“Major General George Gordon Meade” by artist Alexander Milne Calder – Museum Without Walls™: AUDIO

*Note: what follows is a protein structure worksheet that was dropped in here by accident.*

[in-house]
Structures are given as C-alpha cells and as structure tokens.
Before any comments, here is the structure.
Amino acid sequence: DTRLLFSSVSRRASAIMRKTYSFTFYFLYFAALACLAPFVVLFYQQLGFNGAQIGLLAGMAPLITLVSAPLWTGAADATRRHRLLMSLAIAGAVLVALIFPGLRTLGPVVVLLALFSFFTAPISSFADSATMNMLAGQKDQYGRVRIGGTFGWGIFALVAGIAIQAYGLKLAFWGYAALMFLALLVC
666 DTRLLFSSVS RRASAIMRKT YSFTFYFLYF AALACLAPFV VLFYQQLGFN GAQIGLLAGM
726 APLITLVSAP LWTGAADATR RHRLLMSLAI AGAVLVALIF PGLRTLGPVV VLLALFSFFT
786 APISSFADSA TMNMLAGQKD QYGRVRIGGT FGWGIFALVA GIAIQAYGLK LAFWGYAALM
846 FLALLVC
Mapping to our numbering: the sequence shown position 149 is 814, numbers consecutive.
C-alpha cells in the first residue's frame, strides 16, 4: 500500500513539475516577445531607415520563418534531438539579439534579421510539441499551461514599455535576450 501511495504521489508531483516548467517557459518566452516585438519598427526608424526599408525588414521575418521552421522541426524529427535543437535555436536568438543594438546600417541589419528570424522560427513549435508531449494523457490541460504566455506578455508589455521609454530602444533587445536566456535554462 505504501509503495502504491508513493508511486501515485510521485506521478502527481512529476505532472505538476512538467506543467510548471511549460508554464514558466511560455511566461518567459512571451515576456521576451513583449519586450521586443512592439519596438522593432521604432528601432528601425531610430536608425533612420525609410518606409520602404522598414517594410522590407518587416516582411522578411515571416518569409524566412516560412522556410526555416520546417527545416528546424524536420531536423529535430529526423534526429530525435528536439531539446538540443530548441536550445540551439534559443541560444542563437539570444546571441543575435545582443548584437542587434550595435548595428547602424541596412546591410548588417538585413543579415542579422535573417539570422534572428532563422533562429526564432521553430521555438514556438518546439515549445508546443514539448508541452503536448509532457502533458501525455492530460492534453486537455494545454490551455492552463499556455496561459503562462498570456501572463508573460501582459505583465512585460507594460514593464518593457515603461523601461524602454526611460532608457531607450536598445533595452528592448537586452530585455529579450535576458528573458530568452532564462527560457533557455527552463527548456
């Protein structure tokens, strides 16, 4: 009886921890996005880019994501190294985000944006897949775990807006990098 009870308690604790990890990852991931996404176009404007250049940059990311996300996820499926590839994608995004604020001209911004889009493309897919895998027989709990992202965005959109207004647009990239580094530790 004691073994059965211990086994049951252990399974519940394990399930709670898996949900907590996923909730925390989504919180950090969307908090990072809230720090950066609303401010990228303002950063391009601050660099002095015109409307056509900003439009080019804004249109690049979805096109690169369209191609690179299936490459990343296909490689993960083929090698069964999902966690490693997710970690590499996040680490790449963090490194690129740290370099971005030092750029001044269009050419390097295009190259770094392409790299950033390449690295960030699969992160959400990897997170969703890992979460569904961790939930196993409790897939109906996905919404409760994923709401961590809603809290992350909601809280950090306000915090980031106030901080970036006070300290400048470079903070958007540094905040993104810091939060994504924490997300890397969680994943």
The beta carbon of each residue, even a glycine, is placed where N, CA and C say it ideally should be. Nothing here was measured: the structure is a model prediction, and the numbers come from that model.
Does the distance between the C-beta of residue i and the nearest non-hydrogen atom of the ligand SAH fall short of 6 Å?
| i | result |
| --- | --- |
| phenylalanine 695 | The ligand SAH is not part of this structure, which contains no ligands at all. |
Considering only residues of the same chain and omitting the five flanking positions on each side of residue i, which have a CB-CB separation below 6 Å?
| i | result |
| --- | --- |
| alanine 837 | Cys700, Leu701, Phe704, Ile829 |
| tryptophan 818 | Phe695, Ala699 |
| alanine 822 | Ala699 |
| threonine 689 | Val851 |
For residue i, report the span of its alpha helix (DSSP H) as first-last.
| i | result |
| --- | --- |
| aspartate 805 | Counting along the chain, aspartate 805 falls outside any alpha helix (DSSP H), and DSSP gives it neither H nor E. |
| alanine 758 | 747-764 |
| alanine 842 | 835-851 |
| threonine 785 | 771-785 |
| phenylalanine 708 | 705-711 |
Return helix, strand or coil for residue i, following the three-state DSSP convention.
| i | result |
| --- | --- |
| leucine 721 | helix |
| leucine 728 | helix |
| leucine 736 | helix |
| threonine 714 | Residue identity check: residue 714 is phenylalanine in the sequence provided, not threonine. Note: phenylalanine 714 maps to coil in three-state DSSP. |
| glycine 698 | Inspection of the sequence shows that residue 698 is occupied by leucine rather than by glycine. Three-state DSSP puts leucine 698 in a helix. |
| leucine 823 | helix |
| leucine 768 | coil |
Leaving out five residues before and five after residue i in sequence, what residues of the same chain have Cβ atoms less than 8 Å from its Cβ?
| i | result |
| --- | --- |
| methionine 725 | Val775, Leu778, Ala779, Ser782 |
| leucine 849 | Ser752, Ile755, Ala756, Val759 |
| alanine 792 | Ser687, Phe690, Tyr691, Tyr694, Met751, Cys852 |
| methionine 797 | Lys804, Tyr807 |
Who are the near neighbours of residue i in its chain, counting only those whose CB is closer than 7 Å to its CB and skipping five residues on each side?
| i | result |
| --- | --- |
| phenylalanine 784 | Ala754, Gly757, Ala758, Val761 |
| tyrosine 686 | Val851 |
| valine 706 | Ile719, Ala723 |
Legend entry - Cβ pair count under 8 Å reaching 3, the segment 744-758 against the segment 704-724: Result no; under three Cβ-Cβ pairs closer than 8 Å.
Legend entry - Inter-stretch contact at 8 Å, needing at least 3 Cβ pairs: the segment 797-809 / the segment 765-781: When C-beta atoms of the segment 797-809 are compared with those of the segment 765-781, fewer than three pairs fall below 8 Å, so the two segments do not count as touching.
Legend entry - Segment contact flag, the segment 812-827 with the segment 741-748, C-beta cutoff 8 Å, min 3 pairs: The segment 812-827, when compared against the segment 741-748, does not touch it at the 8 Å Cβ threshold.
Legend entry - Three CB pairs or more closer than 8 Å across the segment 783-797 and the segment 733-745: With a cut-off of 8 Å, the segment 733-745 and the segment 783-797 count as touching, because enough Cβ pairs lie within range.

[James Mundy] Meade was Philadelphia’s hometown hero. [Rob Armstrong] He was the victorious general at the battle of Gettysburg, which turned the tide of the Civil War. [Michael Panhorst] General Meade had only been put in command of those forces three days earlier, so it was quite a quick rise to the occasion. [Mundy] The Union was saved. Unfortunately, because Meade was Meade, he was not perceived to be the savior of the country. I am Jim Mundy and I am the director of Library and Historical Collections at the Union League of Philadelphia. He had a reputation for being very sharp and biting. [Armstrong] He always had trouble with the press. My name is Rob Armstrong. I’m the Preservation and Capital Projects Manager with Philadelphia Parks and Recreation. [Panhorst] There was criticism of Meade for not pursuing Lee. I’m Michael Panhorst and I’m a historian of American art and architecture. A number of armchair generals believed that Meade could have ended the war. [Mundy] And to this day it is probably the single greatest stain on Meade’s reputation. [Panhorst] After the war, he returned to Philadelphia and became a commissioner of Fairmount Park. [Armstrong] He was an engineer. He was a West Point trained topographical surveyor. [Mundy] Meade almost single-handedly devised the road system, the path system, the bridle path system, all throughout Fairmount Park. [Armstrong] He would ride his horse Old Baldy that he had used in the Civil War through the park. He didn’t have to come back to Philadelphia and work on a civic improvement project. However what he did was he continued to work until his death for the park. [Panhorst] He died in 1872. And immediately there was a call to erect a monument to him in Fairmount Park. [Mundy] The Fairmount Park Art Association undertook its first major project and that was to commemorate George Gordon Meade. And unfortunately perhaps the timing wasn’t the best, because shortly after there was a major financial panic in 1873. [Panhorst] And then the centennial exhibition of 1876 pretty much overwhelmed the local fundraising effort. It was not until after the Centennial exhibition that things really got rolling, and one of the major factors there was the impulse of about 119 women. [Mundy] Philadelphia’s women came to the rescue. [Armstrong] The Meade Memorial Women’s Auxiliary Committee was formed. [Panhorst] The committee obtained about 30 Civil War cannons which were then sold and the cash was applied to the project. [Mundy] And so by 1881 they had raised the $30,000 needed to have the memorial cast in bronze. [Armstrong] And the competition to select the artist began, and that’s when Alexander Milne Calder won the commission. [Panhorst] This was the first monumental equestrian sculpture that he had created. [Mundy] If you look at the sculpture itself, it gives us better appreciation of Meade as a man, not just as a soldier. [Panhorst] The general’s glasses, his spectacles, are stuck into the breast of his double-breasted jacket. You can see veins in the face and the neck of the horse. You can almost count the hairs in the mane. [Armstrong] Although it’s a military style sculpture, and he’s of course on his war horse Old Baldy, he’s in uniform, he’s placed in Fairmount Park. He is not looking west toward Gettysburg. [Mundy] You basically have Meade looking over his engineering creation, if you will, of one of the great city parks in the world.

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